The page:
Despite its emphasis on friendship, this muddied story with its awkward puns doesn’t become greater than the sum of its...

READ REVIEW

MUDDYMANIA!

From the Mighty Truck series

A superhero truck? Just what the world needs!

Many young kids love superheroes and trucks and getting dirty, so what could be better than a picture book that glorifies all three? Clarence, a rather ordinary-looking dirty pickup truck, and Bruno, a nattier-looking cement mixer, are best friends, but readers soon learn that with a quick wash job, Clarence turns into the bright red Mighty Truck. Mighty Truck is supposed to keep his identity secret, but when faced with a perilous emergency at Muddymania, held in Axleburg Arena, he has to make a quick decision. Can he use his superpowers (without revealing his secret identity) to prevent exhausted Flo, the watering truck who has created all the mud for the special event, from crashing haphazardly into the all-truck crowd? Like a four-wheeled Jimmy Olsen, Bruno forges ahead, and Clarence, aka Mighty Truck, must follow. The rescue is accomplished, but Bruno learns the secret. The bromance is sealed, but is there a whiff of old-fashioned anti-feminism in the air? Why is it Flo, the female truck, who must be rescued? Most kids won’t care, and the Adobe Photoshop digital illustrations are full of all kinds of moving vehicles with faces, resembling childhood favorites like Little Toot and Thomas the Tank Engine.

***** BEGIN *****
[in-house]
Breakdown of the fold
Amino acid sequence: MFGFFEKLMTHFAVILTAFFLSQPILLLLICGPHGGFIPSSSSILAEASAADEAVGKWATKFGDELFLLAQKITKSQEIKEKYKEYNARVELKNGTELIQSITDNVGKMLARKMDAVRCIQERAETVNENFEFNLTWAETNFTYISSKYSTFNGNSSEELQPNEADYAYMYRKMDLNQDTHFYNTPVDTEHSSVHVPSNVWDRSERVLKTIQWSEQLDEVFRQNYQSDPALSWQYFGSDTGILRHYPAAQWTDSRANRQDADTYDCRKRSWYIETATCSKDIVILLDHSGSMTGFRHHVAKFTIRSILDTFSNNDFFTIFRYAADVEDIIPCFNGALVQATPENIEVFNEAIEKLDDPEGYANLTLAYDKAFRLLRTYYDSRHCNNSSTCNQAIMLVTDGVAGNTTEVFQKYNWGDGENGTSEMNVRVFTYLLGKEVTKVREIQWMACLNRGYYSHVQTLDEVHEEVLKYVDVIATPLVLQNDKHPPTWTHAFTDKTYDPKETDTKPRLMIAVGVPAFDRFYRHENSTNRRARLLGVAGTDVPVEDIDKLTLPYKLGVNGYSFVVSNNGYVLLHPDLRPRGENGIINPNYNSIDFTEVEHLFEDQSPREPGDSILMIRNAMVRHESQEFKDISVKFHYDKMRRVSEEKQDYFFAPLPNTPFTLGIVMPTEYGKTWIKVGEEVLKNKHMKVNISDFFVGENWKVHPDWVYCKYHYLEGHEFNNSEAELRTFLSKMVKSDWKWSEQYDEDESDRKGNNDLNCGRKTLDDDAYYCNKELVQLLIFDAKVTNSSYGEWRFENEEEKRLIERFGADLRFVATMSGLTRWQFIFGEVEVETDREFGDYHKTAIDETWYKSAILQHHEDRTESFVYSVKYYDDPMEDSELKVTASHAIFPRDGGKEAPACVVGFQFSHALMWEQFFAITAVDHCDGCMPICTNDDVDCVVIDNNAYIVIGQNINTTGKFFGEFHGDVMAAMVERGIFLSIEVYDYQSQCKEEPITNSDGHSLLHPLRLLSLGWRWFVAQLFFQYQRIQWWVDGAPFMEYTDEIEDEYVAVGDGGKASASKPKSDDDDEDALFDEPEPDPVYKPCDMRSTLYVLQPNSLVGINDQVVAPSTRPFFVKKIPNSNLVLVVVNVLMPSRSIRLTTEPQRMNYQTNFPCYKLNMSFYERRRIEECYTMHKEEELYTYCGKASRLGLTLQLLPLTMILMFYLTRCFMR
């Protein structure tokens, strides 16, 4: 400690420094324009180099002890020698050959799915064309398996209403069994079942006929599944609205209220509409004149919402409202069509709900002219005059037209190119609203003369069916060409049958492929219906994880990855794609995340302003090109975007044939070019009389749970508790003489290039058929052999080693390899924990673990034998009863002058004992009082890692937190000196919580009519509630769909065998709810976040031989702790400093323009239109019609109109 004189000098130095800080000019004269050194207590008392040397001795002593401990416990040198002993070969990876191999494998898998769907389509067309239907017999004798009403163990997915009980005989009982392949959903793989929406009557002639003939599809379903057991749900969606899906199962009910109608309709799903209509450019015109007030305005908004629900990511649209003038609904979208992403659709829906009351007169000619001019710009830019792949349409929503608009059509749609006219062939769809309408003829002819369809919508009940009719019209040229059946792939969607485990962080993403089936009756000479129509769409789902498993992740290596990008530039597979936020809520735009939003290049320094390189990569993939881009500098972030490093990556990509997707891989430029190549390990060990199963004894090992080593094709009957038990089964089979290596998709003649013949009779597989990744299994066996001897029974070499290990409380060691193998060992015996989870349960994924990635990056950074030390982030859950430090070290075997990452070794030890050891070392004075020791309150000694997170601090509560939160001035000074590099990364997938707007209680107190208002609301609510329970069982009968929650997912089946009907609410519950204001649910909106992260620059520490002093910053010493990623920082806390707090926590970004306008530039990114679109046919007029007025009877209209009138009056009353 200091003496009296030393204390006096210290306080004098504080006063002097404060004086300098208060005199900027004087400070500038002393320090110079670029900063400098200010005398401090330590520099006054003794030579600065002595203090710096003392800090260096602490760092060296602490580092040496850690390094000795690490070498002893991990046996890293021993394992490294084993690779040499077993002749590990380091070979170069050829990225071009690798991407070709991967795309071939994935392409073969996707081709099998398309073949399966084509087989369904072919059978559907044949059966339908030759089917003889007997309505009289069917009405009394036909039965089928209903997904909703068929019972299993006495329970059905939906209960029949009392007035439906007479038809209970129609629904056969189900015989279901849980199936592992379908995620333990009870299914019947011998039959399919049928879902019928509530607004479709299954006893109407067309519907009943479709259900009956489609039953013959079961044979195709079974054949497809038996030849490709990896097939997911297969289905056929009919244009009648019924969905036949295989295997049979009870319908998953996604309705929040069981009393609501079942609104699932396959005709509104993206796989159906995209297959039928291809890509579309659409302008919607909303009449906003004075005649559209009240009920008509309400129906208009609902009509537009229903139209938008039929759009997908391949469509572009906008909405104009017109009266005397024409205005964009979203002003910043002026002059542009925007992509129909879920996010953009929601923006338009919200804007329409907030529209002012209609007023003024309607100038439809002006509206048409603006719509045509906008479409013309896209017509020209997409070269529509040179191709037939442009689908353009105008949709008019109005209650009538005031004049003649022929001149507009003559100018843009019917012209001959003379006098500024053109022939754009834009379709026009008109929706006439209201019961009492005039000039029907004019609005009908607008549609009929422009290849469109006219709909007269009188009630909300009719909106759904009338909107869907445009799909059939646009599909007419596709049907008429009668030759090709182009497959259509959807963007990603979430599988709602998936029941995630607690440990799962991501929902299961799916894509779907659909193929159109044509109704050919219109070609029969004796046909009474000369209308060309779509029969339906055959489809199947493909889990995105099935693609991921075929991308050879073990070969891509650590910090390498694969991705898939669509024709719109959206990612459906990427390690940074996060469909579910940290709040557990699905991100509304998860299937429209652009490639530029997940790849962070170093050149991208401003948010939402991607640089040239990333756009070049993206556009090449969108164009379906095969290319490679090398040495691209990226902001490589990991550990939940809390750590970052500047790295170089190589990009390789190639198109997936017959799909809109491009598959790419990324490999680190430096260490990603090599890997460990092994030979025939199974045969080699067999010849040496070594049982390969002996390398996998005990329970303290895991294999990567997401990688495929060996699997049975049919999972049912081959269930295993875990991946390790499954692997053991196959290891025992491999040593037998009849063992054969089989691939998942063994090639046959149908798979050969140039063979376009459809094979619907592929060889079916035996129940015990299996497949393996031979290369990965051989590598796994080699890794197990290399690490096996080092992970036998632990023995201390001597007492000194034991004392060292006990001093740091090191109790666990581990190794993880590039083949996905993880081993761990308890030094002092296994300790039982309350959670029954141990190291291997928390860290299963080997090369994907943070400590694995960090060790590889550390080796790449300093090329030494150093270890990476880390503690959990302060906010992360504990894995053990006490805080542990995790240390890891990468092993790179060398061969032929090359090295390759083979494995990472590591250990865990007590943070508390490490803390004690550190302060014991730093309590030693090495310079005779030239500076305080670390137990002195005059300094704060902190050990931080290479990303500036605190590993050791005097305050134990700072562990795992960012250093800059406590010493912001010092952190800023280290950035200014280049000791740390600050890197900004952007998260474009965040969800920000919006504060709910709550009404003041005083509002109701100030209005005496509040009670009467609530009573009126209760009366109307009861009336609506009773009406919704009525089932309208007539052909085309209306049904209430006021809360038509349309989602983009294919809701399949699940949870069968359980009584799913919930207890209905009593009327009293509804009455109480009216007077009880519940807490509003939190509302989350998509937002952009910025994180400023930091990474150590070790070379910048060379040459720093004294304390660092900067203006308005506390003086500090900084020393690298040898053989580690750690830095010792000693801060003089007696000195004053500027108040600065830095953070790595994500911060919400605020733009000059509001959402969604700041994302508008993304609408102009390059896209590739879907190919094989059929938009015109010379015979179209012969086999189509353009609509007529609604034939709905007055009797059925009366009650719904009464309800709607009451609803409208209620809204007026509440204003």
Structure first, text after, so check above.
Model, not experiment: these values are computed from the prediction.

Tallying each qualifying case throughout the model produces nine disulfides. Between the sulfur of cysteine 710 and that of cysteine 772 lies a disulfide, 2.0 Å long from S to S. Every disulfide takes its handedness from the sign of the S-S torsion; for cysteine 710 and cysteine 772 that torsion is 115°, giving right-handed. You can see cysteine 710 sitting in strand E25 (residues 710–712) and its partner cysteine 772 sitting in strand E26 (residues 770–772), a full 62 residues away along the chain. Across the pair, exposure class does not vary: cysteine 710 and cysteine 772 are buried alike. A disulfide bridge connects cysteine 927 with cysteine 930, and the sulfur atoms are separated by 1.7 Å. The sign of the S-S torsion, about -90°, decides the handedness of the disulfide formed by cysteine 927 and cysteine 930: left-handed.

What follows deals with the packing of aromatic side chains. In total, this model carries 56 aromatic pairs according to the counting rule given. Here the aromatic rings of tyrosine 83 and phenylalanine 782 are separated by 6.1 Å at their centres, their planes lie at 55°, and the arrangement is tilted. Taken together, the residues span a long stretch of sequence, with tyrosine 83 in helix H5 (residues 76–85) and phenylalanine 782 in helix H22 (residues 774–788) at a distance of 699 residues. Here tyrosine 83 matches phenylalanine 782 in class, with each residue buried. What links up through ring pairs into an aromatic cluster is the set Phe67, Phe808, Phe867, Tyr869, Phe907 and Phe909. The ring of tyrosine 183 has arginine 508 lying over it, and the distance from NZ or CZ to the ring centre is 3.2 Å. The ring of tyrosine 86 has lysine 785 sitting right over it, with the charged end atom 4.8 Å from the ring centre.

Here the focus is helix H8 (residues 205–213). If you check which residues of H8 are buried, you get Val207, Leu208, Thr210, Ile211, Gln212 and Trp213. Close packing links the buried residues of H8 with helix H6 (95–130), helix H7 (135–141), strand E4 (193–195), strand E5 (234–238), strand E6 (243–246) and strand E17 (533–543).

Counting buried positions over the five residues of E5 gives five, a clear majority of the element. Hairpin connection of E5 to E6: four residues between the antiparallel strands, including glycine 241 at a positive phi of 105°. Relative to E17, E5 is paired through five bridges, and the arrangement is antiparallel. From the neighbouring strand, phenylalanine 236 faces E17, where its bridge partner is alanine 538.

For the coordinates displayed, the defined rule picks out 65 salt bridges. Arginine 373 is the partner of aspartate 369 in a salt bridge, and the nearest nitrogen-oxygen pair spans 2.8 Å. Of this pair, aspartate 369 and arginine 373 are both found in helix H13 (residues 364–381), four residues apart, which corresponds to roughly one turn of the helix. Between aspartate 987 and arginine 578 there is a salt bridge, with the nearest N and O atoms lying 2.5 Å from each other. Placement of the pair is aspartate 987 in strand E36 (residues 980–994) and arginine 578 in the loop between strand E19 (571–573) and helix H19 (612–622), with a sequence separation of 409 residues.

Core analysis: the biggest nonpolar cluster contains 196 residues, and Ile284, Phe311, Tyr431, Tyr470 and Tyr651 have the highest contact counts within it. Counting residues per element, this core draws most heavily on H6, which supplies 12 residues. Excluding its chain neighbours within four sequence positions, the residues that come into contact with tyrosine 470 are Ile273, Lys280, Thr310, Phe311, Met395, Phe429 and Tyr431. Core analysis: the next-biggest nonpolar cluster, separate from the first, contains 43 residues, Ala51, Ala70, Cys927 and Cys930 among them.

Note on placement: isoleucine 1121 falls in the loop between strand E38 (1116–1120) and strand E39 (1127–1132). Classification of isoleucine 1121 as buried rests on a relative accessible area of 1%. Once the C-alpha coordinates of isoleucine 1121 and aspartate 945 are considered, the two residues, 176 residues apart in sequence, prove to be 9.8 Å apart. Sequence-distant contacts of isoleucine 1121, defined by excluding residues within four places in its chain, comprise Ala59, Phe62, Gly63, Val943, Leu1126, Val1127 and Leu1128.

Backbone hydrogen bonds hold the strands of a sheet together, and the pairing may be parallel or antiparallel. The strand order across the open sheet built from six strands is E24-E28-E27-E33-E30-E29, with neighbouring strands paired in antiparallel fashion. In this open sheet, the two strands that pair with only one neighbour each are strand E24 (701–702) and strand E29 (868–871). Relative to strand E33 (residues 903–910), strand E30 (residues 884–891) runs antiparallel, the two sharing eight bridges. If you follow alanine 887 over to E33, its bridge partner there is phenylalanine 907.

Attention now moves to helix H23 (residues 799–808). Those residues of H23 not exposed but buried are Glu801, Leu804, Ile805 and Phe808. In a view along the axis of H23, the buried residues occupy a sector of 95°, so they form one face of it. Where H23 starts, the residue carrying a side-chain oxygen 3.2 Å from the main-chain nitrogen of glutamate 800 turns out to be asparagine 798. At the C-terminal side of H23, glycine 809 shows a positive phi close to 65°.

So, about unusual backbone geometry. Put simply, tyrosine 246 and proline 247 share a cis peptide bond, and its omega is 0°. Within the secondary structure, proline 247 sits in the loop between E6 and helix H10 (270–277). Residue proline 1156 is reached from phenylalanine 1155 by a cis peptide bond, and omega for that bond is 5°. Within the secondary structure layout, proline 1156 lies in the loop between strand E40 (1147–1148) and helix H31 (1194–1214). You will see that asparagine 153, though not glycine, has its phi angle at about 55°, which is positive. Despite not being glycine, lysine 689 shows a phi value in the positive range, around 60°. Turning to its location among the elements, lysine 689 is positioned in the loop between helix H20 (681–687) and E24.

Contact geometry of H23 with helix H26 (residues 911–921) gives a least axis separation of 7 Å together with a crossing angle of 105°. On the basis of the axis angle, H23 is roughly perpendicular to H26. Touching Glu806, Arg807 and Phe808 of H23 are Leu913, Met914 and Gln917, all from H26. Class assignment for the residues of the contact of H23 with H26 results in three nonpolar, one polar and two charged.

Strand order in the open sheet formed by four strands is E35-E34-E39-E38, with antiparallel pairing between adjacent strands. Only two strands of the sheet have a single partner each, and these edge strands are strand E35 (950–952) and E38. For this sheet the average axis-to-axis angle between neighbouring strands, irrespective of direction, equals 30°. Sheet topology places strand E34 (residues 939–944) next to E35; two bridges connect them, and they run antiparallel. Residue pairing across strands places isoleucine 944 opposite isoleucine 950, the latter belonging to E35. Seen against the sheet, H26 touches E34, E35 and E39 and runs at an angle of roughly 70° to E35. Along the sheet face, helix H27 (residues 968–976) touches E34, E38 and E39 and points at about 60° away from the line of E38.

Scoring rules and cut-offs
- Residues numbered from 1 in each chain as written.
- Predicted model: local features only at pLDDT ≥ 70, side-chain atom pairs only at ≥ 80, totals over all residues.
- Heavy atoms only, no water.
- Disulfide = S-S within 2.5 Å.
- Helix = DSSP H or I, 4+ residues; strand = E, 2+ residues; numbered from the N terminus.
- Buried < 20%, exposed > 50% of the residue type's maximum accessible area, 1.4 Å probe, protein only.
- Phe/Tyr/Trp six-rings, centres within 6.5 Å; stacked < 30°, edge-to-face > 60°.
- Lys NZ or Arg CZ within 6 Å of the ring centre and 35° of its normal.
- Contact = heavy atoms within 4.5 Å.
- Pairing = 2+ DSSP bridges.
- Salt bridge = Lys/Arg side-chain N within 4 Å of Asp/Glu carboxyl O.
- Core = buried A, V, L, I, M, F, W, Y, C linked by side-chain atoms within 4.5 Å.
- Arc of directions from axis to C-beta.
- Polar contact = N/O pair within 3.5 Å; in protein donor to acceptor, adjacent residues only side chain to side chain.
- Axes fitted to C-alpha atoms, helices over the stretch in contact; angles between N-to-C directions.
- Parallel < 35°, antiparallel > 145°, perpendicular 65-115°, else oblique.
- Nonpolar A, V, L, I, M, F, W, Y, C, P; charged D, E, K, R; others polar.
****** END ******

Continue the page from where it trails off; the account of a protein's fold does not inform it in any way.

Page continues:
Despite its emphasis on friendship, this muddied story with its awkward puns doesn’t become greater than the sum of its parts. (Picture book. 4-6)

Pub Date: March 28, 2017

ISBN: 978-0-06-234479-3

Page Count: 32

Publisher: Harper/HarperCollins

Review Posted Online: Dec. 6, 2016

Kirkus Reviews Issue: Dec. 15, 2016

Did you like this book?

No Comments Yet

Take strength from the dreamers before you and follow your dreams. Or maybe just roll the dice.

LITTLE JOE CHICKAPIG

Is it a book about aspirations or the backstory for the board game?

Chickapig is defined as “an animal hybrid that is half-chicken and half-pig” and is depicted in yellow, two-legged chick shape with pink pig snout and ears. Young Joe Chickapig lives on a farm that was his grandfather’s dream, but it’s getting Joe down. He dreams of adventure but needs the “courage to follow his heart. / But how could he do it? How could he start?” In a bedtime story, Joe’s mother shares the influential characters that helped Joe’s sailor grandfather “follow his heart against the tide.” It seems that “Grandpa had heard a story told / Of a great big bear who broke the mold. / The bear was tired of striking fear”—so he became a forest doctor and a friend to all. And the bear’s inspiration? “A mouse who went to space.” The mouse, in turn, found hope in a “fierce young dragon” who joined a rock band. And coming full circle, the dragon found courage from a Chickapig warrior who “tired of shields and swords to wield” and established a farm. Chickapig game fans will appreciate this fanciful rhyming tale illustrated in attention-grabbing colors, but readers coming to it cold will note a distinct absence of plot. Mouse and dragon present female; all others are male.

Take strength from the dreamers before you and follow your dreams. Or maybe just roll the dice. (Picture book. 4-6)

Pub Date: Jan. 14, 2020